Gulf Coast marks milestone in Katrina recovery with opening of bridge to Mississippi’s casinos

Published 6:22 pm Friday, November 2, 2007

Two years ago, cities on the opposite sides of Biloxi Bay clashed over blueprints for a wider, taller bridge to replace a highway span demolished by Hurricane Katrina’s storm surge.

Those divisions were an afterthought for the thousands of Gulf Coast residents celebrating the partial opening of the six-lane bridge between Biloxi and Ocean Springs. The new 1.6-mile bridge, which opened to the public early evening Thursday, restores the last broken link in coastal U.S. 90, a landmark in the region’s recovery from the Aug. 29, 2005, hurricane.

“Water under the bridge,” Biloxi Mayor A.J. Holloway said of his disagreement with his Ocean Springs counterpart, Connie Moran.

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Two of the bridge’s six lanes opened following a daylong celebration at both ends of the $338 million structure. The span reconnects the casino resorts of Biloxi with the quaint shops and tree-lined streets of Ocean Springs, on the eastern side of the bay.

In Katrina’s early aftermath, the size of the new bridge was a sore spot for some in Ocean Springs. Moran had pressed the state to limit the bridge to four lanes, the same number as on the drawbridge that Katrina reduced to mounds of concrete and pilings.

Moran, an advocate of the “New Urbanism” architectural movement’s emphasis on creating compact, walkable cities, said she feared that a bigger, wider bridge would turn her city’s center into an expressway.

However, Moran said she is pleased by some of the features of the new bridge, including its bike path, “see-through” railings and decorative lights.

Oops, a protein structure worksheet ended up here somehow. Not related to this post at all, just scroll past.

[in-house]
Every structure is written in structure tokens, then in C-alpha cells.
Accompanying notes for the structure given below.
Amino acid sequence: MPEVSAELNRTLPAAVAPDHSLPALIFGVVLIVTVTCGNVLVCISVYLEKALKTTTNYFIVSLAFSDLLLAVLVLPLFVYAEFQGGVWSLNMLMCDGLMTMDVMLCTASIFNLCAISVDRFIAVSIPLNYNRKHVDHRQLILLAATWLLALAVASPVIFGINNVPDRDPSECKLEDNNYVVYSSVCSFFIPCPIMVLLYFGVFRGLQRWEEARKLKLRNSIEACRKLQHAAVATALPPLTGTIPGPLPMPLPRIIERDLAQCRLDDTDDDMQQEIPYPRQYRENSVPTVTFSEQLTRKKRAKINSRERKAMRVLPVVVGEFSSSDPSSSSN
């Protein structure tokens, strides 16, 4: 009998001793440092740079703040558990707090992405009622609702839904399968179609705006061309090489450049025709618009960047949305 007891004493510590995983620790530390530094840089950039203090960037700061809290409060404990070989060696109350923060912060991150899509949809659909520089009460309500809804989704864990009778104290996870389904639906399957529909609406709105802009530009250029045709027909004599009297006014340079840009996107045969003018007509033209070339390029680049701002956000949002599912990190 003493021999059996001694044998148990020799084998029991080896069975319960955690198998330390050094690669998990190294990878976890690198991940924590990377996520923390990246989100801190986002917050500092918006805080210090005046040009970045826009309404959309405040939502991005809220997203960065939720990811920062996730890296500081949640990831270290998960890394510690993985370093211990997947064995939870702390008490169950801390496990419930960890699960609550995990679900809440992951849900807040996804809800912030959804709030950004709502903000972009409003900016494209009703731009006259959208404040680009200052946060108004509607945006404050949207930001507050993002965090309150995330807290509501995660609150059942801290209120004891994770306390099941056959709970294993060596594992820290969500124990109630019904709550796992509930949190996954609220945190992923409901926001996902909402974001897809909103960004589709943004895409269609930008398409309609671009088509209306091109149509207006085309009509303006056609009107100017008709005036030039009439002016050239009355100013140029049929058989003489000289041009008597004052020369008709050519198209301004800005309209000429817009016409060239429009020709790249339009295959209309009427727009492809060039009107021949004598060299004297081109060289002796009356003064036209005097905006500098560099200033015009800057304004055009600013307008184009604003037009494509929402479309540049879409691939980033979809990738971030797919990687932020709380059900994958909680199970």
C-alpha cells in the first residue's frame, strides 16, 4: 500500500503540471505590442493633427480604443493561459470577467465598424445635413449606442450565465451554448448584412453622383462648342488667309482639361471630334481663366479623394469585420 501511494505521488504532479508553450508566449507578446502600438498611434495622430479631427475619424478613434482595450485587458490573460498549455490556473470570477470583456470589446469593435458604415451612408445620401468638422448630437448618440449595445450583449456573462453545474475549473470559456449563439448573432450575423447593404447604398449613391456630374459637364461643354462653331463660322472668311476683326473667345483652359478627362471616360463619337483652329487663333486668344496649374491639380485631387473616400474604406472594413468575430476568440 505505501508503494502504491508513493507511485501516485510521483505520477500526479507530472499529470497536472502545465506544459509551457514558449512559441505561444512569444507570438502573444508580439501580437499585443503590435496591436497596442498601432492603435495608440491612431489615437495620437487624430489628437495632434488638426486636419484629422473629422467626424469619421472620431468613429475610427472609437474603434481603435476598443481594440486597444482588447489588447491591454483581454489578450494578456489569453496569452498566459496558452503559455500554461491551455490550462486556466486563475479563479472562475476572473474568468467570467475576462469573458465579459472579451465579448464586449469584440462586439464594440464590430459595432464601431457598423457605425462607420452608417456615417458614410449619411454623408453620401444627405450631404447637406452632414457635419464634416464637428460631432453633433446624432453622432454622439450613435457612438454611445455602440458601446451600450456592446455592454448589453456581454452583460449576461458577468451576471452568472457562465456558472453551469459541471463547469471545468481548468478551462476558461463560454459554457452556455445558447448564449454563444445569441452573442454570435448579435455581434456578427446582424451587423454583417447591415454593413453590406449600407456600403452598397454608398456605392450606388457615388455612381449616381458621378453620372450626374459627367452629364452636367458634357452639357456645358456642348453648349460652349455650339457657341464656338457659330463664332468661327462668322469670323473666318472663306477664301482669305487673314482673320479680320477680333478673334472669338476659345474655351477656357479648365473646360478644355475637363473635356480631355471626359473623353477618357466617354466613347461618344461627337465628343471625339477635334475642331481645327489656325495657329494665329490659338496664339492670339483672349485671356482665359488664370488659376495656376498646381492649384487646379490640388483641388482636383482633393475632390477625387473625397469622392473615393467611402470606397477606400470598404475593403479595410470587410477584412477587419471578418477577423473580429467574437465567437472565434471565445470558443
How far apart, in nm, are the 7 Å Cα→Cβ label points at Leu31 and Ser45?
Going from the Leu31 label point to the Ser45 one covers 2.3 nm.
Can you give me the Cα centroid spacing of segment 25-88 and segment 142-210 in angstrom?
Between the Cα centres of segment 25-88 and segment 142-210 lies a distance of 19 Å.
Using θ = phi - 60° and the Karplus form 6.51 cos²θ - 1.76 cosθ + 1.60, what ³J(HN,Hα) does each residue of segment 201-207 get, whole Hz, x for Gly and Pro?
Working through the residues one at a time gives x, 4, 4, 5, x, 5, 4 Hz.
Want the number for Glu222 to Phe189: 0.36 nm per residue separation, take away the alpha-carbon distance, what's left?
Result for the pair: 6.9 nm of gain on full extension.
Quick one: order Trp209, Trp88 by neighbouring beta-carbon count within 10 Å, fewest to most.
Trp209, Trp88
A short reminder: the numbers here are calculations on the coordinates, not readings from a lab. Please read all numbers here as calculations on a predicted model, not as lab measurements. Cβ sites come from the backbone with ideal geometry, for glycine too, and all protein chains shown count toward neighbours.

“We need to put politics and personality behind us, come together and celebrate reconnecting the coast,” she said. “This is the most significant milestone in the post-Katrina recovery period.”

In Biloxi, many city leaders and business owners welcome a larger bridge to accommodate more tourists, especially for a casino industry that already is raking in record revenues after Katrina.

The Isle of Capri, at the foot of the washed-out bridge, was the second Gulf Coast casino back in operation when it reopened in December 2005. Today, 11 casinos are operating on Mississippi’s coast, only one fewer than before Katrina hit.

Isle of Capri spokesman Rich Westfall said the casino, which “went from the best location to the hardest location to get to” after Katrina, hopes the bridge traffic will increase its business. The bridge is the main access to the strip of coastal casinos from the east.

All six lanes of the new bridge, and a path for pedestrians and bicyclists, are to be open by April. Ninety-five feet above water at its highest point, the span is designed to weather the elements better than the old drawbridge.

Around 35,000 cars a day crossed the four-lane bridge before Katrina.

“It’s going to restore our sense of community,” said Vincent Creel, a spokesman for the city of Biloxi. “The beauty of this bridge is that it’s built for the future. It’s built for increased traffic. It’s built for the generations to come.”

Farther west on U.S. 90, Katrina also destroyed a two-mile bridge over the Bay of St. Louis. A new bridge between the cities of Bay St. Louis and Pass Christian partially opened in May.

Mississippi Gov. Haley Barbour and Donald Powell, federal coordinator for Gulf Coast rebuilding, joined other officials at a ceremony to mark the bridge’s opening.

“We all work together,” Barbour said. “This wasn’t about party; it was about progress. It wasn’t about politics, it was about performance.”

At the center of the bridge, Moran and Holloway joined in dropping a wreath into the water in memory of Katrina’s victims and three workers who died in construction accidents while rebuilding the bridge over the Bay of St. Louis.

Several hours before the ceremony, Biloxi residents Gary Ware, 59, and his wife, Ginger, 50, sat in folding chairs set up on the Biloxi side of the bridge and listened to a children’s choir perform the national anthem.

“It’s nice to have us all connected again. It’s progress,” said Ginger Ware, a Biloxi resident.

“We still have a long way to go, though,” her husband added. “I’m happy that the casinos are back and most of the businesses are back, but I think it will be 20 years before the coast fully recovers.”